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10 Vulgar Spanish Slang Words Used in the Wrong Place

10 Vulgar Spanish Slang Words Used in the Wrong Place

There are many Spanish slang words that are completely okay in one place, and a total disaster in another. These are some prime examples of when you might be using the right word, in the wrong place.

10 Vulgar Spanish Slang Words Used in the Wrong Place

1. Pichar
In Puerto Rico, pichar simply means to ignore or forget about something. For example, if someone says “No, pichea” it basically means, “no, nevermind.”

In Mexico, pichar  means to pick up the bill, or pay for something for someone.

As if mixing up “nevermind” and “picking up the tab” wouldn’t be bad enough, in Colombia, pichar means “to fuck.” So make sure you think about where you are before you use this word!

2. Boludo
Boludo is used a lot in Argentina, and sometimes in other South American countries such as Colombia. The meaning doesn’t change by country, but rather by situation. In a casual, friendly environment, this can simply mean dude. However, in a different, more tense context, it can mean “asshole.” Watch your tone!

3. Cabrón
This is another tricky word that can change meanings depending on your tone and context. In Mexico and Puerto Rico, this word can be used casually, with friends, as “dude” or something similar. It can also be “asshole” or “fucker.” In general, this word is much stronger in Puerto Rico, where it is attached to many vulgar phrases.

Spanish Slang Concha Vagina

“Imagine this Puerto Rican hotel in Argentina” -Jared

4. Concha
In most Spanish speaking countries, this word simply means “shell.” However, in Argentina and Colombia, it means “cunt.” So if you ever see a giggling tourist next to hotels named things like La Concha, you can guess they are from somewhere where the word is not quite as innocent.

5. Tortillera
Technically, this word just means “tortilla maker.” However, in a vulgar sense, it means lesbian. Gross, and unfortunate if you are taking a cooking class and actually need to discuss tortilla making.

6. Bicho
In most Spanish speaking countries, this is just a slang term for “insect.” In Puerto Rico, on the other hand, it means “dick.” You can imagine the giggles that follow someone saying “me pican los bichos” (The bugs/dicks are biting me) in Puerto Rico. Read the article 4 Confusing Puerto Rican Spanish Slang Words: BICHO, BICHA, BICHERÍA and BICHOTE for extra information about this particular word.

7. Coger
This is almost always translated as “to fuck,” but not in Mexico, Puerto Rico, or the majority of Spanish-speaking countries in the Caribbean. In these countries, coger simply means “to take,” so it is not uncommon to hear someone say “Voy a coger un bús.” That’s fine in northern Latin America, but don’t try it anywhere else!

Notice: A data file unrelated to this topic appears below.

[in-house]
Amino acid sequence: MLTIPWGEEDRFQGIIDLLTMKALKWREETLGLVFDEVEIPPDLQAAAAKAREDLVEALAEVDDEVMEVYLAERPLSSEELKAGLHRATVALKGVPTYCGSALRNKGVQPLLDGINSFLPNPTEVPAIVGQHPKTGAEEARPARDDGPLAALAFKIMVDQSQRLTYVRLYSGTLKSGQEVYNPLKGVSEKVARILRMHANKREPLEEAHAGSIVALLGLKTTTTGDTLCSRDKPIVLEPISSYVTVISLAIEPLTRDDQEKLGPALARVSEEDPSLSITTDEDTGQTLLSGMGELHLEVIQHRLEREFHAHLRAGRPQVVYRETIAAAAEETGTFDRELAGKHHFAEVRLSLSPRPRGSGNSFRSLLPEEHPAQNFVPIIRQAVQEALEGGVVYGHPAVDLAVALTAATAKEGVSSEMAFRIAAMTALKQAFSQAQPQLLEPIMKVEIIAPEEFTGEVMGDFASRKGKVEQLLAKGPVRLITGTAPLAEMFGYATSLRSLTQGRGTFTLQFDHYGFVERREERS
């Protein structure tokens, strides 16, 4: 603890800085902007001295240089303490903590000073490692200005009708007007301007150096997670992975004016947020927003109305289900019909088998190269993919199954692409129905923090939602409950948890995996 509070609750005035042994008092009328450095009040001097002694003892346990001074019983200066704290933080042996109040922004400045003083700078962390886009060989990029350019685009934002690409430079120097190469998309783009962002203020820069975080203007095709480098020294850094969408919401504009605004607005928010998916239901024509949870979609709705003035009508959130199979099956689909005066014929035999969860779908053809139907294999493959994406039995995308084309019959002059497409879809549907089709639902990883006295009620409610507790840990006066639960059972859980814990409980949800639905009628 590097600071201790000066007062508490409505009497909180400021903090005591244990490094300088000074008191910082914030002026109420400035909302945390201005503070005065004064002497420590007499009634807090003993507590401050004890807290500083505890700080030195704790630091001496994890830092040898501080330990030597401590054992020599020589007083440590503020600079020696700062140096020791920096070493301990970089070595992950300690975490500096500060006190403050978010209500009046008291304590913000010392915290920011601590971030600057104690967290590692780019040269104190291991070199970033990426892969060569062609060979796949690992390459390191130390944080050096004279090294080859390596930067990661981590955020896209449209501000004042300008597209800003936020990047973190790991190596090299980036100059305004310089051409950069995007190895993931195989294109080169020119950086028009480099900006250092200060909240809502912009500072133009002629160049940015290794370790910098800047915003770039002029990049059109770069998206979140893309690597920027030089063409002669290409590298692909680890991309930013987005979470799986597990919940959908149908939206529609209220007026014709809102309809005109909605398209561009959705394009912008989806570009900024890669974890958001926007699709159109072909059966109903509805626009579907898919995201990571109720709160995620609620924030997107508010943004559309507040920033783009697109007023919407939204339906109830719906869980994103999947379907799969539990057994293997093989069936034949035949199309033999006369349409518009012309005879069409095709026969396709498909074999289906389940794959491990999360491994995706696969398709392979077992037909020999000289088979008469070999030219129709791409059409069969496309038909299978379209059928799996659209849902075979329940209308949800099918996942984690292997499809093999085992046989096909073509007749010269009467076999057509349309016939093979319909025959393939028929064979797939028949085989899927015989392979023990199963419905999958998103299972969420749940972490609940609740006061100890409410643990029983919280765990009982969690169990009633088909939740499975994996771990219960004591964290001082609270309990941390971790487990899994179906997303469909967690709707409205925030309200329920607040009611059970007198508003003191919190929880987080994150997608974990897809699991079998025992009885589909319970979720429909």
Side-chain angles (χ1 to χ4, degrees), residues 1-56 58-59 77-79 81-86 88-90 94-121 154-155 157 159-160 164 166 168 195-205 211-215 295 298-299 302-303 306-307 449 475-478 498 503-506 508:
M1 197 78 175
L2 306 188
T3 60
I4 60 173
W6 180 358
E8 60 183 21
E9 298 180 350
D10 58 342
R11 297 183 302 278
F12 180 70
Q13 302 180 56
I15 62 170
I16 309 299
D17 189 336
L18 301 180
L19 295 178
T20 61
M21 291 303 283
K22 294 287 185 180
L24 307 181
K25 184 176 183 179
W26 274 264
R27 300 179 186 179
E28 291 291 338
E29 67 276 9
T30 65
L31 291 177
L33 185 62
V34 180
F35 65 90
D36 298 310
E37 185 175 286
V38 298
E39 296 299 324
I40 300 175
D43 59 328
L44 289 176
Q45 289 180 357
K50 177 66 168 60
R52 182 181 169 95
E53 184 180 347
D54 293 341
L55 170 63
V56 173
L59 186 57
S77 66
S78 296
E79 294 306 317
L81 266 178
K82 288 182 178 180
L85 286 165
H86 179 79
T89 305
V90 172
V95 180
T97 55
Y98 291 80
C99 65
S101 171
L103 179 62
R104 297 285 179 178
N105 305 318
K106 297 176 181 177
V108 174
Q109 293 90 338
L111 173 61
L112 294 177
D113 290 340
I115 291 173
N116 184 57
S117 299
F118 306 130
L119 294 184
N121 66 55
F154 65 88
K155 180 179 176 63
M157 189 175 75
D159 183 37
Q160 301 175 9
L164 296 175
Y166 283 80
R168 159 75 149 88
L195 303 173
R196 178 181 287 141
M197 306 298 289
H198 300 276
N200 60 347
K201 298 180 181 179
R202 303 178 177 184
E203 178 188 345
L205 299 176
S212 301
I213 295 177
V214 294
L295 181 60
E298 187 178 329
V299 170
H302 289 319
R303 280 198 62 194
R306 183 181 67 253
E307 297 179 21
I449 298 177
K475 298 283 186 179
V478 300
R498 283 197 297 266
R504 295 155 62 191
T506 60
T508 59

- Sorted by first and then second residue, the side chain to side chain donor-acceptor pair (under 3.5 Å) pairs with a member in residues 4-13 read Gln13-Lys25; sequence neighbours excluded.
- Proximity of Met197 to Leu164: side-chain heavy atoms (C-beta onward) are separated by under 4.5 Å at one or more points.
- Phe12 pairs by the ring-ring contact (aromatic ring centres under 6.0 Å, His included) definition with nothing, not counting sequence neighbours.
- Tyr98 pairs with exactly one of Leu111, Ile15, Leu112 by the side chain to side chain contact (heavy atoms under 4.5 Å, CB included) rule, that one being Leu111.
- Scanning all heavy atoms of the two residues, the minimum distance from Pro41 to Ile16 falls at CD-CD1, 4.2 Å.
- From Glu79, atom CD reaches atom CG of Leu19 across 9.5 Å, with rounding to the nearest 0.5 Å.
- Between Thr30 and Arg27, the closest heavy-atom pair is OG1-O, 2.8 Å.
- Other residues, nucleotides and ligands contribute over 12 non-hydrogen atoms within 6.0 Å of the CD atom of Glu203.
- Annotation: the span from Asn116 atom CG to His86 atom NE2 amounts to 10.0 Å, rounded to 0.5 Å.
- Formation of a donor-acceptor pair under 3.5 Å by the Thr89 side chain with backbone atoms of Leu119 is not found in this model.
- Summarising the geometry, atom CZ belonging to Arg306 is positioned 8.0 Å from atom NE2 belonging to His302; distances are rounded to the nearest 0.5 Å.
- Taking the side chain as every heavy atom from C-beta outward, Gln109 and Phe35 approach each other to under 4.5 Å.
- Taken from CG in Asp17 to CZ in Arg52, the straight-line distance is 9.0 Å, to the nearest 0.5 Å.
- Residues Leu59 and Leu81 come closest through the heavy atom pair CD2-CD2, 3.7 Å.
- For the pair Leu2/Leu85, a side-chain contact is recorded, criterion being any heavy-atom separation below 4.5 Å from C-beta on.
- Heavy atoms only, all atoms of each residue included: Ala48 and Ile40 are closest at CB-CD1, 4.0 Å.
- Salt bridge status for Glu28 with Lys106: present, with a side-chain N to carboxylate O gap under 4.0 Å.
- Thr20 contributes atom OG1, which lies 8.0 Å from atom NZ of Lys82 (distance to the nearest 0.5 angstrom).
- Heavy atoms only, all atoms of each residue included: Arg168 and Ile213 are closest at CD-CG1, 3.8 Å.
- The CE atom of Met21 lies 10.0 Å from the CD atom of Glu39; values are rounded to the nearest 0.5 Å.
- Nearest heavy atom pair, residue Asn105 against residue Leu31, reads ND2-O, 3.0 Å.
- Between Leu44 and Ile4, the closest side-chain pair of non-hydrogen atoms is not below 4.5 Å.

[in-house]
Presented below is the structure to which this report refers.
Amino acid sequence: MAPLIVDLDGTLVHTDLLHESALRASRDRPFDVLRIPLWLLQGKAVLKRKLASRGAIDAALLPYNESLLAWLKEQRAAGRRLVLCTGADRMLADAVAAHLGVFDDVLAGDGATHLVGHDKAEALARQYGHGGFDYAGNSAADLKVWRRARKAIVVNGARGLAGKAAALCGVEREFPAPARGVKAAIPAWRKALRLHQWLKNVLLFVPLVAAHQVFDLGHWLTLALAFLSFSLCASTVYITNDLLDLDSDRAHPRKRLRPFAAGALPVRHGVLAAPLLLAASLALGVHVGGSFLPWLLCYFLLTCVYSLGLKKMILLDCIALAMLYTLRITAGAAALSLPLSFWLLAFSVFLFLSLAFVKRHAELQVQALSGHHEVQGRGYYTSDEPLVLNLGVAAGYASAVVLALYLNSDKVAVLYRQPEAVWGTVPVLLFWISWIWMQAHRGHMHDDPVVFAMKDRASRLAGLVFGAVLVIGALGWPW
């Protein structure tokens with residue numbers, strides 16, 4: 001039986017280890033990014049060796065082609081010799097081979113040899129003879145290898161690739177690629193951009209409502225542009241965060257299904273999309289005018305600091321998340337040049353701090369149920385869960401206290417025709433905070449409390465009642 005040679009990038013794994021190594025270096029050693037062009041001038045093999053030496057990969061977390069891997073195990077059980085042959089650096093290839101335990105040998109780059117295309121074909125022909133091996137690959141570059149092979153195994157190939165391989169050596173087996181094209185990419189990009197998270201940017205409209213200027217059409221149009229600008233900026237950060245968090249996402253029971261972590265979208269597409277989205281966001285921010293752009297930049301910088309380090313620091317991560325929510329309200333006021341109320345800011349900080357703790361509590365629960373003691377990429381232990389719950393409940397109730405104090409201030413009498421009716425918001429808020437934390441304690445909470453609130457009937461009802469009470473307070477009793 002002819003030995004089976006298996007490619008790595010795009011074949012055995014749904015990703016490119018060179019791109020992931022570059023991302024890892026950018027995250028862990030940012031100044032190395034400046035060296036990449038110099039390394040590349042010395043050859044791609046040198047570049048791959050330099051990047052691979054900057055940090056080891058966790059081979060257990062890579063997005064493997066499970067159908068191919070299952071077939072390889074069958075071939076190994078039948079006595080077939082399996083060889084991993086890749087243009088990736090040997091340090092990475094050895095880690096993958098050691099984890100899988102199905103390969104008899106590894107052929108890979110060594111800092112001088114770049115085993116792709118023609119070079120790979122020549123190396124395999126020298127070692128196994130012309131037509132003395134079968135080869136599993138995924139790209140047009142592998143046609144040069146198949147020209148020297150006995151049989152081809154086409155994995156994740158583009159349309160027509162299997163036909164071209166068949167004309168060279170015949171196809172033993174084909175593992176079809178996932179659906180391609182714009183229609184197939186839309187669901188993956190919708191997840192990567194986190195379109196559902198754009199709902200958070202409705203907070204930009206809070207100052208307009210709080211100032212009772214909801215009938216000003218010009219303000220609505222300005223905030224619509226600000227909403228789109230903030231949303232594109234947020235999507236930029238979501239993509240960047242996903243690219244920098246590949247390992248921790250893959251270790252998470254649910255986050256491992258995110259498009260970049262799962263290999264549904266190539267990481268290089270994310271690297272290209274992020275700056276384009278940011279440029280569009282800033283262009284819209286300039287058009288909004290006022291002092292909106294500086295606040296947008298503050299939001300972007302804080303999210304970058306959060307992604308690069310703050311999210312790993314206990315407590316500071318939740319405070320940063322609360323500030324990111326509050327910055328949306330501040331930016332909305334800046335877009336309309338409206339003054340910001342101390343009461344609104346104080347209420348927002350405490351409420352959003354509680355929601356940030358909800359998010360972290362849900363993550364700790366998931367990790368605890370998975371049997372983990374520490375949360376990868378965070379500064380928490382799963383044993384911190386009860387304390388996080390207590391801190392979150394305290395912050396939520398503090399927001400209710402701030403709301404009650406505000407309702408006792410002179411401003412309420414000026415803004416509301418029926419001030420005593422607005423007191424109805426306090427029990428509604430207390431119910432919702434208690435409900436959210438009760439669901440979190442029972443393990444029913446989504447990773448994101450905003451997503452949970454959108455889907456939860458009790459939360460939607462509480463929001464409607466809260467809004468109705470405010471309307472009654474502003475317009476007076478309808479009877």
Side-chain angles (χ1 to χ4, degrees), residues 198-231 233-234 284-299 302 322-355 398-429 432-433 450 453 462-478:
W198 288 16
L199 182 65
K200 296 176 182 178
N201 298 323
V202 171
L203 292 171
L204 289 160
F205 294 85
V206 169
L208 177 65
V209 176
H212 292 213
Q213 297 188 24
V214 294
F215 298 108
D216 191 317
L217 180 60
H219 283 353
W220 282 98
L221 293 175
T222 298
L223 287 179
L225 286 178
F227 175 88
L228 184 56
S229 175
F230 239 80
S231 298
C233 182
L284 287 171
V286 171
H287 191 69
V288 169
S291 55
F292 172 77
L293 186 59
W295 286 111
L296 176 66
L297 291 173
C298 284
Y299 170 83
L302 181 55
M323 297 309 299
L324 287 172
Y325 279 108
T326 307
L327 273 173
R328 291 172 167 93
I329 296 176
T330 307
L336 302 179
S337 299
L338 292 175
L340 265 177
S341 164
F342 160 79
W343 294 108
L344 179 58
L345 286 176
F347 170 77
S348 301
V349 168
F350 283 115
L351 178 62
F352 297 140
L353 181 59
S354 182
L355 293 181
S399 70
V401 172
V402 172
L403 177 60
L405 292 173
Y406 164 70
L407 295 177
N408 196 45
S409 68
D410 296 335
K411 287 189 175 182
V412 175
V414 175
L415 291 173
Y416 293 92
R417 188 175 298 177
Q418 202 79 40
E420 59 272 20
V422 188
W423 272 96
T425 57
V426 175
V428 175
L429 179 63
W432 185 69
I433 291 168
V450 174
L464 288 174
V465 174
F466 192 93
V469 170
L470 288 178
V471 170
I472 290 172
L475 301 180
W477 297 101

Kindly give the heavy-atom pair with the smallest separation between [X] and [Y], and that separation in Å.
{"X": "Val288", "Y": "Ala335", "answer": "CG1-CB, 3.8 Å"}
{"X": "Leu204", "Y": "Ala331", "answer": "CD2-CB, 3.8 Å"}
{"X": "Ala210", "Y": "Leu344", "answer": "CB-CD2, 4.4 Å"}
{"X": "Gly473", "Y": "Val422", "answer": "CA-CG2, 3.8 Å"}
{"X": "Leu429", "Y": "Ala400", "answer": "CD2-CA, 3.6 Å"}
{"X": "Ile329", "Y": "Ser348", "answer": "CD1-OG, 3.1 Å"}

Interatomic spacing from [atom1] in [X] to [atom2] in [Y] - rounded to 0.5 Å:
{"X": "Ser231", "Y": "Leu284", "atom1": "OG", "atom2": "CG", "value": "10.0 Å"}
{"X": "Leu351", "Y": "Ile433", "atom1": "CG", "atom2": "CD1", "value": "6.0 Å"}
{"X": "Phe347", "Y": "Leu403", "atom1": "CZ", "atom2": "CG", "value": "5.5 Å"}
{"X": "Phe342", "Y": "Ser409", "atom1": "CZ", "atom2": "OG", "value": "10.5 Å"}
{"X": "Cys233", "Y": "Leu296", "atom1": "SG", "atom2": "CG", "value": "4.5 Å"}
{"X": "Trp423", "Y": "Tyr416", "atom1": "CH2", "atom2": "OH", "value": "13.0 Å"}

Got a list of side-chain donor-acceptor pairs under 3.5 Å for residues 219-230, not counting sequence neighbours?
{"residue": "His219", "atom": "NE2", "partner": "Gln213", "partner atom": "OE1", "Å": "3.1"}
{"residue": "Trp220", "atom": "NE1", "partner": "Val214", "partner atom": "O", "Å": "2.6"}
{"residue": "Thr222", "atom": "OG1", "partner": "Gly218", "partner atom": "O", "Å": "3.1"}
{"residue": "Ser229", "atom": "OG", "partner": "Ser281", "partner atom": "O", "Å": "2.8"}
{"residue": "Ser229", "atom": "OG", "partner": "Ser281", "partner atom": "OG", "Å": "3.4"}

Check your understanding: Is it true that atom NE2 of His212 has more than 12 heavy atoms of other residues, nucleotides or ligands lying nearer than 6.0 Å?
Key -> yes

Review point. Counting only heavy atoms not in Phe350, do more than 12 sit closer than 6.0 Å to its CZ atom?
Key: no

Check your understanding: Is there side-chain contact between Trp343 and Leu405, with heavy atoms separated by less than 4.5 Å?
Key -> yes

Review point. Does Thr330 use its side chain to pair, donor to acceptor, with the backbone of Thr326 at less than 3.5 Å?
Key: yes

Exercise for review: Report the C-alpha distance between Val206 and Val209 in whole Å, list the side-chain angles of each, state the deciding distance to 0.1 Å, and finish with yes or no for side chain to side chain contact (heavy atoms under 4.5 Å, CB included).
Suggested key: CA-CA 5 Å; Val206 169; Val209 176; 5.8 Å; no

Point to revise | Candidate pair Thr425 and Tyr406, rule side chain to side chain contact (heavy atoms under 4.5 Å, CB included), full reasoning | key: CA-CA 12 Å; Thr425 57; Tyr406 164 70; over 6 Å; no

8. Venirse
This literally just means to come,  as in, to a place. Of course, just like in English, this can also be translated to the sexual meaning of “to cum or come” as in, to ejaculate.

9. Pendejo
In many countries, this translates to “dick,” but don’t be surprised to hear pendejo used to refer to young boys in Argentina. It is a common word with no negative or vulgar meaning.

10. Pinche
In Chile, this just means a clip of sorts, such as a hair clip or clothespin, but don’t use it lightly in Mexico, as it means “damned” or “fucking” as in “este pinche cabrón!” (this fucking shithead!)

Ah Spanish, it’s never straight forward, is it? As always, you’ve got to stay alert and be aware of your surroundings before you open your mouth and make a fool of yourself.

Check out these other Spanish Slang Word articles.

  • Margaret Nahmias

    Coger is innocent Spain. In almost all Latin American it is to fuck Pendejo means stupid , literally a pubic hair I never heard of it as meaning dick. But that’s good to know So I call a guy pendejo in someplace I calling him a dickhead? I

    • Susan Herman


    • Rease Kirchner

      Yes, it in Mexico it can mean dick/dickhead. I know in Argentina pendejo is fairly innocent as well.

      • Margaret Nahmias

        Oh my goodness. This is why I stay away from these tricky words.

  • Guest

    @facebook-610337631:disqus , yes you are. Jared: This is interesting, but why are lesbians “gross?”

    • Susan Herman

      Oops…I meant Rease.

      • Rease Kirchner

        Oh my goodness, I in no way meant lesbians are gross, i mean the term is gross. There is no clean way to describe this, the reason a “tortillera” is because the tortilla is being compared to a vagina. I meant that the comparison of a vagina is gross, especially when you are making tortillas in a cooking class.

  • Susan Herman

    Rease, this is interesting, but why are lesbians “gross?”

  • Diana Caballero

    Another example is the word CAFRE. In Puerto Rico is a low class person, but in Mexico is someone that does not drive well.

  • Junie Cordero

    I found something wrong in one of your articles so i decided to point it out because I’m a reader and a fan. (7. Coger
    This is almost always translated as “to fuck,” but not in Mexico, Puerto Rico, or the majority of Spanish-speaking countries in the Caribbean.) ok In Mexico i also means tu fuck .

    • JaredRomey

      Thanks Junie for taking the time to point it out!

    • Racquel Villagomez

      I would say “Voy a coger el tren” when I lived in Spain. No one said anything and I often heard others use “coger” casually as well. …I was told to not say it in Mexico, however.

  • Fredy Navas

    That’s true… almost all latinamerican countries coger means to f***… depends of the context what you use

  • Fredy Navas

    hey… in El Salvador “Bicho” means boy or dude… for girl is “bicha” girlS bichaS

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